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Training can boost seniors' exercise efficiency
Scripps Howard News Service


March 08, 2006

Older people usually have to work harder than younger folks to walk fast or perform other exertions, but a new study suggests that training can help boost exercise efficiency in the elderly.

Researchers in Seattle found that a thrice-weekly, 90-minute training program done over three to six months made a group of seniors nearly a third more efficient at exercising than they were before training.

"Exercise efficiency" refers to the percentage of energy expended by the body that's converted to actual mechanical output. Exercise capacity is a measurement of how much exercise a person can do before becoming exhausted, as during a treadmill stress test.




"It's well-known that aging is associated with reduced exercise capacity," said Dr. Wayne Levy, a cardiologist at the University of Washington and a co-author of the new study. Researchers looked at people in their mid-60s to late 70s, and used those in their 20s and early 30s as a comparison.

"What is less appreciated is that older subjects have an additional impairment in exercise capacity due to exercise inefficiency. For example, the older subjects used about 20 percent more oxygen to walk at 3.5 miles an hour than the younger subjects. With training, this disparity with aging was abolished."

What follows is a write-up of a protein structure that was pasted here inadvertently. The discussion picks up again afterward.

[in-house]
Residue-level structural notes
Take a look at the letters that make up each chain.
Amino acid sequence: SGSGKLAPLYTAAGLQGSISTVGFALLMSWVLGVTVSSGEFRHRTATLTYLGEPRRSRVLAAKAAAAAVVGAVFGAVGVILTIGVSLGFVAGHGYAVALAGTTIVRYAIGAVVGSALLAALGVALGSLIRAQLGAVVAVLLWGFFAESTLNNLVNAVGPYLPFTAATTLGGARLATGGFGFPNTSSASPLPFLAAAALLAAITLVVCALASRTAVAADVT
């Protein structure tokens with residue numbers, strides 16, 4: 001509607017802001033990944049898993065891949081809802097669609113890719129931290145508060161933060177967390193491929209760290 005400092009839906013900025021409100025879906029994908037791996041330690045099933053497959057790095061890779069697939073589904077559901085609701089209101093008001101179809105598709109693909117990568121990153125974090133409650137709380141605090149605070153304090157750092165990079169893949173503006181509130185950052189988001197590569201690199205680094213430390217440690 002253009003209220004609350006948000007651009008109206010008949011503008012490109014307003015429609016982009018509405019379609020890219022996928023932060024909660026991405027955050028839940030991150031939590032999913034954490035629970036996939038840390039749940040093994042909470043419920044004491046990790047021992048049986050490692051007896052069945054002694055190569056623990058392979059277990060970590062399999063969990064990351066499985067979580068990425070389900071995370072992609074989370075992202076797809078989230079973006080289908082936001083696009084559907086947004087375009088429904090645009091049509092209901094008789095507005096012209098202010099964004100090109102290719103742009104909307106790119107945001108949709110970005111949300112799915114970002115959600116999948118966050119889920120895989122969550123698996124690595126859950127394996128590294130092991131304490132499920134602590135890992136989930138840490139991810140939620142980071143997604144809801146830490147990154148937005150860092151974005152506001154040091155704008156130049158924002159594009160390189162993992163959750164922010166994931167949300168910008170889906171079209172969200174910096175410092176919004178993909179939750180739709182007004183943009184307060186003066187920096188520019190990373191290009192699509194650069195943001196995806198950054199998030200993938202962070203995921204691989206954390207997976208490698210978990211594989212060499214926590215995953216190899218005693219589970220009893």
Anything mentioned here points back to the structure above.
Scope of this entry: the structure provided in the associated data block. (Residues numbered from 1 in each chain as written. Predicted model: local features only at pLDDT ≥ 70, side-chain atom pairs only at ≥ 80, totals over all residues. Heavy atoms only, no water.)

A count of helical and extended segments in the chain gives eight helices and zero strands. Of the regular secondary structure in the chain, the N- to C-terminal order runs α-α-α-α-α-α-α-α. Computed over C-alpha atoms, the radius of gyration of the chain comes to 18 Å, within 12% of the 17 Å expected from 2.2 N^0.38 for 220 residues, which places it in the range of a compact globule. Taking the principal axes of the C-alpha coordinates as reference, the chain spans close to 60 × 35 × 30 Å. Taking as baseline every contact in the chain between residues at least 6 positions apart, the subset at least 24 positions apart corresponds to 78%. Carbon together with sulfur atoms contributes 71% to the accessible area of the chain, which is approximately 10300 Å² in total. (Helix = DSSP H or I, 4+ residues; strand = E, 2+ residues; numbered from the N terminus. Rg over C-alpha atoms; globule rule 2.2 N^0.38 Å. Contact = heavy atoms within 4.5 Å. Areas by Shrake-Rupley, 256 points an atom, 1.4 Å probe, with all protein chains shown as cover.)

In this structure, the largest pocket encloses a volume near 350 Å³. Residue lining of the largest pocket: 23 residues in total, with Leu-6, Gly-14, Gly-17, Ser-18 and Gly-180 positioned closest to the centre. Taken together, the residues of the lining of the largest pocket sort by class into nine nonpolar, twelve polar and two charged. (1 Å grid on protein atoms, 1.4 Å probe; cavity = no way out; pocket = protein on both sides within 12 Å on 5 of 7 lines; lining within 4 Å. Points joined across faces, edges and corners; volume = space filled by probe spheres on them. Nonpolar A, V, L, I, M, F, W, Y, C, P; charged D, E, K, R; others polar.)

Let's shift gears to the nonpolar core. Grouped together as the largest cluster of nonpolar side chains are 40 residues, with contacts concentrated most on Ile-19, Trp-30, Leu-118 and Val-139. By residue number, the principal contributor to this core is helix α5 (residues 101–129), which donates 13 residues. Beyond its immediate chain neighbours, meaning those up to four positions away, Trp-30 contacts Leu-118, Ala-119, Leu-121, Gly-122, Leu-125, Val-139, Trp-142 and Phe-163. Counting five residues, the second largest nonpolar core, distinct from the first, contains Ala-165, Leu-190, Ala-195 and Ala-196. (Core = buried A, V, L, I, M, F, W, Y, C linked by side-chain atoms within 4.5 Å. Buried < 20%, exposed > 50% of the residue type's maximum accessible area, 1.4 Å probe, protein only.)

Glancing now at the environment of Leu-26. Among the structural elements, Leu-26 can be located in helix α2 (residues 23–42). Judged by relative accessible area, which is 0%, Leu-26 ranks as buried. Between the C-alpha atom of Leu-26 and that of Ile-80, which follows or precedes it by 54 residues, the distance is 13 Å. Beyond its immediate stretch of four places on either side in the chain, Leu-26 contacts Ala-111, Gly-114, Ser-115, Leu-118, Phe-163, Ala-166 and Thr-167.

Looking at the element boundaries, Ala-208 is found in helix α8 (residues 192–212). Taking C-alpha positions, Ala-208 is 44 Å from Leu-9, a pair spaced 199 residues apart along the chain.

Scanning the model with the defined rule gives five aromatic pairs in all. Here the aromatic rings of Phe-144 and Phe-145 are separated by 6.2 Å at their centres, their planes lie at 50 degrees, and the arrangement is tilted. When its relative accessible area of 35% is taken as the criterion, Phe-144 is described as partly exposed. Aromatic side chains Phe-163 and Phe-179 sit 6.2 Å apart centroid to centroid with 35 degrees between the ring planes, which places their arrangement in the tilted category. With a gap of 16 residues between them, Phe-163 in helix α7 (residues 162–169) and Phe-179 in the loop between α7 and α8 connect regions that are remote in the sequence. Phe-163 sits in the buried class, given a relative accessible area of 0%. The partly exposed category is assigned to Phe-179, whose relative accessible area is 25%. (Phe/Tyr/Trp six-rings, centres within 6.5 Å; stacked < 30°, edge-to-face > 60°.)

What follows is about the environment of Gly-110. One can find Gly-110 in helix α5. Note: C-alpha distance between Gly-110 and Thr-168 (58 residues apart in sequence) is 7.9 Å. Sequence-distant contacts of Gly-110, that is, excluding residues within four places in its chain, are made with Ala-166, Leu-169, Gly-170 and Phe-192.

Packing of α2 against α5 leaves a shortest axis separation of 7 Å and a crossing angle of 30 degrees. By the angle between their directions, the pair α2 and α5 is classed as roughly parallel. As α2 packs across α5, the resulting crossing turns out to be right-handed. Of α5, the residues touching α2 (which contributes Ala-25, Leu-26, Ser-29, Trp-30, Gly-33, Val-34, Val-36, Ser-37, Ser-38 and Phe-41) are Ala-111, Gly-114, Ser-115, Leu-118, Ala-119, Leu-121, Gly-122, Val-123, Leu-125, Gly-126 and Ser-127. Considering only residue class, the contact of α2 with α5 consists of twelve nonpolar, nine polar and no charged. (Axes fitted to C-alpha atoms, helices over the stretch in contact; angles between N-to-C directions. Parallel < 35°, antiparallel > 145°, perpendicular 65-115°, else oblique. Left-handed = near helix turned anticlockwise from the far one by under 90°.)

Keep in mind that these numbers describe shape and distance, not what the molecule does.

The study was published Tuesday in the Journal of the American College of Cardiology.

The research found that by one measure of exercise capacity - peak delivery of oxygen to exercising muscle - younger participants had a 42 percent higher capability than the older group. The younger subjects also didn't have to work as hard and were 8 percent more efficient than the older subjects.

Then all participants (34 older men and women, and 27 in the younger group) started a supervised aerobic exercise program. During each workout, they devoted 30 minutes to walking or jogging, 30 minutes to bicycling and 30 minutes to stretching.

After being on the regimen for at least three months, the older subjects were on average 30 percent more efficient at exercising than they were before training, and also had greater peak oxygen delivery.

The younger participants, by contrast, improved their exercise efficiency by only 2 percent, but did benefit from the program by boosting their peak oxygen consumption.

The researchers concluded that given the "disproportionately greater response to training" in the elderly, it appears that much of the decline in exercise efficiency seen with aging may not be inevitable, but rather reflects a lack of fitness that can be addressed by training.

Levy said much more research is needed to understand what level of training seniors might need to sustain exercise efficiency.

"It is unknown the duration, intensity and mode of exercise training necessary to improve efficiency in the older subjects,'' he said. "Will simple walking for two to four weeks be adequate, or is more vigorous exercise necessary?"

Still, the study demonstrated that older people shouldn't automatically lower exercise expectations, said Dr. Joseph Franciosa, a New York cardiovascular specialist and drug-company consultant who was not involved in the study.

"The practical significance of this is that elderly people should not be afraid to exercise, which is good for them. If they are otherwise in good health, they should remain physically active and not slow down just because of age.

"Even if they have medical problems, exercise can still be of considerable value, but this should be undertaken only under a physician's supervision."


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Ketchikan, Alaska